Pakistan and Afghanistan are among the world's top 10 most vulnerable states, according to a new study.
Pakistan is fighting tribesmen and militants on the Afghan border
The report - compiled by the US Foreign Policy magazine and the US-based Fund for Peace think-tank - ranked 146 nations according to their viability.
Judged according to 12 criteria, including human flight and economic decline, states range from the most failed, Sudan, to the least, Norway.
Bangladesh, Nepal and Sri Lanka are rated 19th, 20th and 25th respectively.
The top 60 positions in the list were occupied almost exclusively by African, Middle Eastern, and Asian countries.
India was ranked 93rd, Bhutan came 39th and the Maldives were not mentioned.
The second annual "failed states index" was based on "tens of thousands of articles" from different sources gathered over several months in 2005 and reviewed by experts, its authors said.
Each nation was given an overall score based on the 12 criteria:
- mounting demographic pressures
- massive movement of refugees and internally displaced peoples
- legacy of vengeance - seeking group grievance
- chronic and sustained human flight
- uneven economic development along group lines
- sharp and/or severe economic decline
- criminalisation and delegitimisation of the state
- progressive deterioration of public services
- widespread violation of human rights
- security apparatus as "state within a state"
- rise of factionalised elites
- intervention of other states or external actors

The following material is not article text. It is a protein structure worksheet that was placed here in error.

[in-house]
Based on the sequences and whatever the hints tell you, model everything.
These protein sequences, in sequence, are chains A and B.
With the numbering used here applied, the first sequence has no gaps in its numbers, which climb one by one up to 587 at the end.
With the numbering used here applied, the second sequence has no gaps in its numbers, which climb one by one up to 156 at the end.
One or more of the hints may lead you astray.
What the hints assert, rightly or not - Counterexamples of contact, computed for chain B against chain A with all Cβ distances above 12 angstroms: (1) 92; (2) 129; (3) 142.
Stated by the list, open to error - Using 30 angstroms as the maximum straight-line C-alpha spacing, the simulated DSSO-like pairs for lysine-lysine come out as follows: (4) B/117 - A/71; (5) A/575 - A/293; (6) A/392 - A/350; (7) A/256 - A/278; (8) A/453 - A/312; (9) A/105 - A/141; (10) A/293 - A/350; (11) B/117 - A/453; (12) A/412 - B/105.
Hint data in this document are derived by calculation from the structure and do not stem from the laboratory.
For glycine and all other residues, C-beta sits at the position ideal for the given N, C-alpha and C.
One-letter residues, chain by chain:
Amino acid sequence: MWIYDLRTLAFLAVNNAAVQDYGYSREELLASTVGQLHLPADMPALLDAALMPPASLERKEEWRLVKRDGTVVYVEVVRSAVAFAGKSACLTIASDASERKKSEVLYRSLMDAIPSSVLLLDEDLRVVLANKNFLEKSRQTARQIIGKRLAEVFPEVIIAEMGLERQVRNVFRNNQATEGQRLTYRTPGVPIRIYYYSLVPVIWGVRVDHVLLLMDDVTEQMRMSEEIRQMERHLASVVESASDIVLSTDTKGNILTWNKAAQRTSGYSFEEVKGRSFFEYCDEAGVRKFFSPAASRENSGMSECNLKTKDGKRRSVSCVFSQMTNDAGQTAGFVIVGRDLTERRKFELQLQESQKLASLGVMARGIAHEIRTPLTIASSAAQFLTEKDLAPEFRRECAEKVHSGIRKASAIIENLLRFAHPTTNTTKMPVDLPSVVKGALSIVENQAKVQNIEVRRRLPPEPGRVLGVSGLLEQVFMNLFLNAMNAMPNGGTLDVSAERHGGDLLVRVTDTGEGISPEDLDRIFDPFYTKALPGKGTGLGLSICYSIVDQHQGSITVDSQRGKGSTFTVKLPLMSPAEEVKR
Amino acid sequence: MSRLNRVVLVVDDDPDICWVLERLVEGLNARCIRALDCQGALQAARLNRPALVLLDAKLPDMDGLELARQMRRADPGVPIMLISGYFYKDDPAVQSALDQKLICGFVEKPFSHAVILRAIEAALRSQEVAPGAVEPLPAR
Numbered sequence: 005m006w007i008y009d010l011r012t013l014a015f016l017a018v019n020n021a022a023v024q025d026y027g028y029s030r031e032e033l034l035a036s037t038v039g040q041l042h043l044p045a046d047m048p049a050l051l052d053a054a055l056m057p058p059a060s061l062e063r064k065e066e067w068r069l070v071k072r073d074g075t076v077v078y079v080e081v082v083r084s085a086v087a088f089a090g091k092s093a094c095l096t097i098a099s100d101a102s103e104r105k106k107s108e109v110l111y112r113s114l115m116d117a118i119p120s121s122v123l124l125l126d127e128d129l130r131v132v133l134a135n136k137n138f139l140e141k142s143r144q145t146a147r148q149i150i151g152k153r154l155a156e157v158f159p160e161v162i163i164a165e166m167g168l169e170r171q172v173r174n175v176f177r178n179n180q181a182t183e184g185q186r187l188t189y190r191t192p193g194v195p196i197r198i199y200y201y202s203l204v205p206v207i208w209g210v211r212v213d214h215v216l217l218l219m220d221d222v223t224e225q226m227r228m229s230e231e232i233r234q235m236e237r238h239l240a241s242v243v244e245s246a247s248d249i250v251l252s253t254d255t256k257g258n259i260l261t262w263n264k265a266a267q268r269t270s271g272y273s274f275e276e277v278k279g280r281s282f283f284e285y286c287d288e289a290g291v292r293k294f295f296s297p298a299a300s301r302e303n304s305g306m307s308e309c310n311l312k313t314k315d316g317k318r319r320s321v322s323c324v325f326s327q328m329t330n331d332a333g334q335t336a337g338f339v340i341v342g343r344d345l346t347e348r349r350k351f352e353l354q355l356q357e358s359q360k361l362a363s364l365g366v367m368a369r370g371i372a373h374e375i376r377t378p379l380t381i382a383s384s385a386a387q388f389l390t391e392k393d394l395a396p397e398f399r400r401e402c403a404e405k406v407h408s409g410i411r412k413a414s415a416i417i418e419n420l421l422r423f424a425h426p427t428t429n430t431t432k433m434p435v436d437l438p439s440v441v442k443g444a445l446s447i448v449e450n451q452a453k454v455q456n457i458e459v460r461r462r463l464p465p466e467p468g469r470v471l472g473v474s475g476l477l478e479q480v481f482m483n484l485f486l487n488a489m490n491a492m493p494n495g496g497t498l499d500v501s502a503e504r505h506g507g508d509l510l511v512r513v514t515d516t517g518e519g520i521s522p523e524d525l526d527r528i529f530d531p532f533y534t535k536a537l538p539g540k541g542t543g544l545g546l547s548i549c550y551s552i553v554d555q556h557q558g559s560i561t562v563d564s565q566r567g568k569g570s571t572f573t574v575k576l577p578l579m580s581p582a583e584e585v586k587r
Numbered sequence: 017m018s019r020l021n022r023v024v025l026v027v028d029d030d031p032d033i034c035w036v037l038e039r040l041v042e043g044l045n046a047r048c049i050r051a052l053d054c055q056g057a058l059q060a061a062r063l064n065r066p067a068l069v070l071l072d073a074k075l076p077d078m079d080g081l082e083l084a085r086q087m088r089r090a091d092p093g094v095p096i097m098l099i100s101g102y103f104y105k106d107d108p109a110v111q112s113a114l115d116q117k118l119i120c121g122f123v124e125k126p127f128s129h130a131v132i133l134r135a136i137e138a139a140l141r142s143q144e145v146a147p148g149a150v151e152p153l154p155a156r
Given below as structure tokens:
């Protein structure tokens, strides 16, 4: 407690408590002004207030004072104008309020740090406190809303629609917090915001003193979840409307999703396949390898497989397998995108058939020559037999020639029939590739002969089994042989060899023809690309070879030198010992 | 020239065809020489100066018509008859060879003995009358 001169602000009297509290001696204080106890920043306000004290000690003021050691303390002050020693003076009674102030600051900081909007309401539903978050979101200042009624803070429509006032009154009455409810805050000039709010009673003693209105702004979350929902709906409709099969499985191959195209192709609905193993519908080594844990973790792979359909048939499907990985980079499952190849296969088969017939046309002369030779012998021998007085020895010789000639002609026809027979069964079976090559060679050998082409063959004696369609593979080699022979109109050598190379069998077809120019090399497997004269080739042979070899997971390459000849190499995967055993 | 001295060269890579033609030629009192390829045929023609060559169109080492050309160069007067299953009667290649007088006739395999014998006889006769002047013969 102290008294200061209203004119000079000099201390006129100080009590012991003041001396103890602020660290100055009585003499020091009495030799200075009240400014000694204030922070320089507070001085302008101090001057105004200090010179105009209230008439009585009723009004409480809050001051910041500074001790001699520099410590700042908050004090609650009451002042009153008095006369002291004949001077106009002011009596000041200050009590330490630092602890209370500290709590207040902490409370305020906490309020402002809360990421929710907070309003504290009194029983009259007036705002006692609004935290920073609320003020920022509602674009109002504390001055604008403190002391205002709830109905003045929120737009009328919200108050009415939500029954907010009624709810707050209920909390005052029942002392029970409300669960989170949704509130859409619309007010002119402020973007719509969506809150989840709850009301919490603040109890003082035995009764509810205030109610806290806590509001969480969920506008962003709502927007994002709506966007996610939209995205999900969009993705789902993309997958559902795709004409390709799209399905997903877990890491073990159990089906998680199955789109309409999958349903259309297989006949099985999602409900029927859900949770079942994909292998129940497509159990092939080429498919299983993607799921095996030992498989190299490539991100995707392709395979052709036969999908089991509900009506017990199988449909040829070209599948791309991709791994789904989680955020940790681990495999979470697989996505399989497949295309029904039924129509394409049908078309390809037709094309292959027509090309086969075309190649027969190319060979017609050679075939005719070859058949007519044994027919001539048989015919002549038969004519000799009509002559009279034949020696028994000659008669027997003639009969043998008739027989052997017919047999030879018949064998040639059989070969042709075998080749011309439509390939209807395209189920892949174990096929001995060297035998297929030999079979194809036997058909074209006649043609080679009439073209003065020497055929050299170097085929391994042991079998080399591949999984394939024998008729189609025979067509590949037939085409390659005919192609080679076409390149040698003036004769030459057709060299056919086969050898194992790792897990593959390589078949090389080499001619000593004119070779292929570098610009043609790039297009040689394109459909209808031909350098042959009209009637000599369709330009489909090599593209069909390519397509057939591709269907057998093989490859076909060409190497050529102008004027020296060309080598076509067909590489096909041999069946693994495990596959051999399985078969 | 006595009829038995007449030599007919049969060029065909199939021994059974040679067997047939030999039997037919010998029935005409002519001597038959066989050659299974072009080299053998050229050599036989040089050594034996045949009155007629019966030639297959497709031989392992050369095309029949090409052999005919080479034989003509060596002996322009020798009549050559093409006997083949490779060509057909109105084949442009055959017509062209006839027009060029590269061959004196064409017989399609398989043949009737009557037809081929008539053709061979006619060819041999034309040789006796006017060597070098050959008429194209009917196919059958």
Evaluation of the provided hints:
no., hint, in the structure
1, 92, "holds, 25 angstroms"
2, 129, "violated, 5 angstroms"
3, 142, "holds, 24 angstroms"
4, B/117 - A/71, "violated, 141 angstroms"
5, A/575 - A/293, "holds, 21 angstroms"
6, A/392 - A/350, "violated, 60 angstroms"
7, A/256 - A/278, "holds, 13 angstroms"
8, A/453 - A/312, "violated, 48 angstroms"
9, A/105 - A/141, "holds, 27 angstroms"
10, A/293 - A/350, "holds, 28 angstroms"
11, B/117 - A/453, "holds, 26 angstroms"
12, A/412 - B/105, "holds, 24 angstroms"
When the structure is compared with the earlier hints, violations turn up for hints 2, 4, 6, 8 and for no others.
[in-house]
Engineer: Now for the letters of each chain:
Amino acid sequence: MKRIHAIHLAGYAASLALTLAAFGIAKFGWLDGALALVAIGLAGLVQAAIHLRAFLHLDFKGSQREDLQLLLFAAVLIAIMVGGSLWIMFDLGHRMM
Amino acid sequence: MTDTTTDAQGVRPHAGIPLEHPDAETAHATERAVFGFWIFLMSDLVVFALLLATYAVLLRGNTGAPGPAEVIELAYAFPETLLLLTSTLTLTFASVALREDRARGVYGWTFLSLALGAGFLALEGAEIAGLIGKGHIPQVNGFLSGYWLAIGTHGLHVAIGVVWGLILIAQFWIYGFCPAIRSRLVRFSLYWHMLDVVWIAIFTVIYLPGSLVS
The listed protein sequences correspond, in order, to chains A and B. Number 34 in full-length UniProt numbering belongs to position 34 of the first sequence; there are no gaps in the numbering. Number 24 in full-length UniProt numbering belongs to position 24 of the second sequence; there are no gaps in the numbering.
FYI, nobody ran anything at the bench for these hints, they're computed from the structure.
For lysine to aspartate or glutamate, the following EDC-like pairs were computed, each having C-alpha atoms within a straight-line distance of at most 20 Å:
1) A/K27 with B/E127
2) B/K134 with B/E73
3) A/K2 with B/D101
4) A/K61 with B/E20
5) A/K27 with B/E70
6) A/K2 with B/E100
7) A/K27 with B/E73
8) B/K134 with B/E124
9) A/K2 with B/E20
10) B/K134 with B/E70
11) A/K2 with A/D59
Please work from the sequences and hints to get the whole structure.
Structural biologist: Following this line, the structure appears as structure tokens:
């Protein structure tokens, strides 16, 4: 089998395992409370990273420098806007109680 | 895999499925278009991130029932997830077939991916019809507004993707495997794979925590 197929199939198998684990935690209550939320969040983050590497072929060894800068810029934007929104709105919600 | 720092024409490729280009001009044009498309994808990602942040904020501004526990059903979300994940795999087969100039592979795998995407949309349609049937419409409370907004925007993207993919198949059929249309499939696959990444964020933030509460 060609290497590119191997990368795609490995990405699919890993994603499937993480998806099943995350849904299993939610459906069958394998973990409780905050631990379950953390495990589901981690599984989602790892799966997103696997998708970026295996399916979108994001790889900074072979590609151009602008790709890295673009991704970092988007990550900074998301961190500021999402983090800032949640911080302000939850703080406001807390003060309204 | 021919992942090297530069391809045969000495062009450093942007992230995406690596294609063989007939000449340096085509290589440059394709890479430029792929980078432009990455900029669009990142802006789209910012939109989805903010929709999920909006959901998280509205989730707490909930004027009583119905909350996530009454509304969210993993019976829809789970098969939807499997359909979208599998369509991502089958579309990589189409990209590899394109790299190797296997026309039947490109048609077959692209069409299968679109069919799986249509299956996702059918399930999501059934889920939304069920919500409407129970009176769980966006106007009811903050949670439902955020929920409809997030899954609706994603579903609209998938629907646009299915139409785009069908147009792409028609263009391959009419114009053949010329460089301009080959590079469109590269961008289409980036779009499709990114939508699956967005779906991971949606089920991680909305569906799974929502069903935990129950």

Pakistan moved from 34th last year to ninth in the new report - one of the sharpest changes in the overall score of any country on the list.
The contributing factors were Pakistan's inability to police the tribal areas near the Afghan border, the devastating earthquake last October in Kashmir and rising ethnic tensions, the report said.
Afghanistan, ranked 10th, faces different problems from Iraq, which despite the presence of US-led troops came fourth, the report said.
Educated exiled Afghans had been slow to go home following the ousting of the Taleban in 2001, but poor refugees had returned from Pakistan and Iran in large numbers, the study said.
"The result is a capital city busting at the seams but short of trained administrators."
The authors cite India as an example of a state which has pulled back from the brink, saying that in the 1970s analysts predicted dire consequences as a result of population growth, economic mismanagement, poverty and corruption.
Now, they say, India today has turned itself around and might have the edge over China (ranked 57) in the long run.
Pauline Baker, president of the Fund for Peace, told the Associated Press news agency that India had greater social mobility and was more decentralised than its more populous neighbour.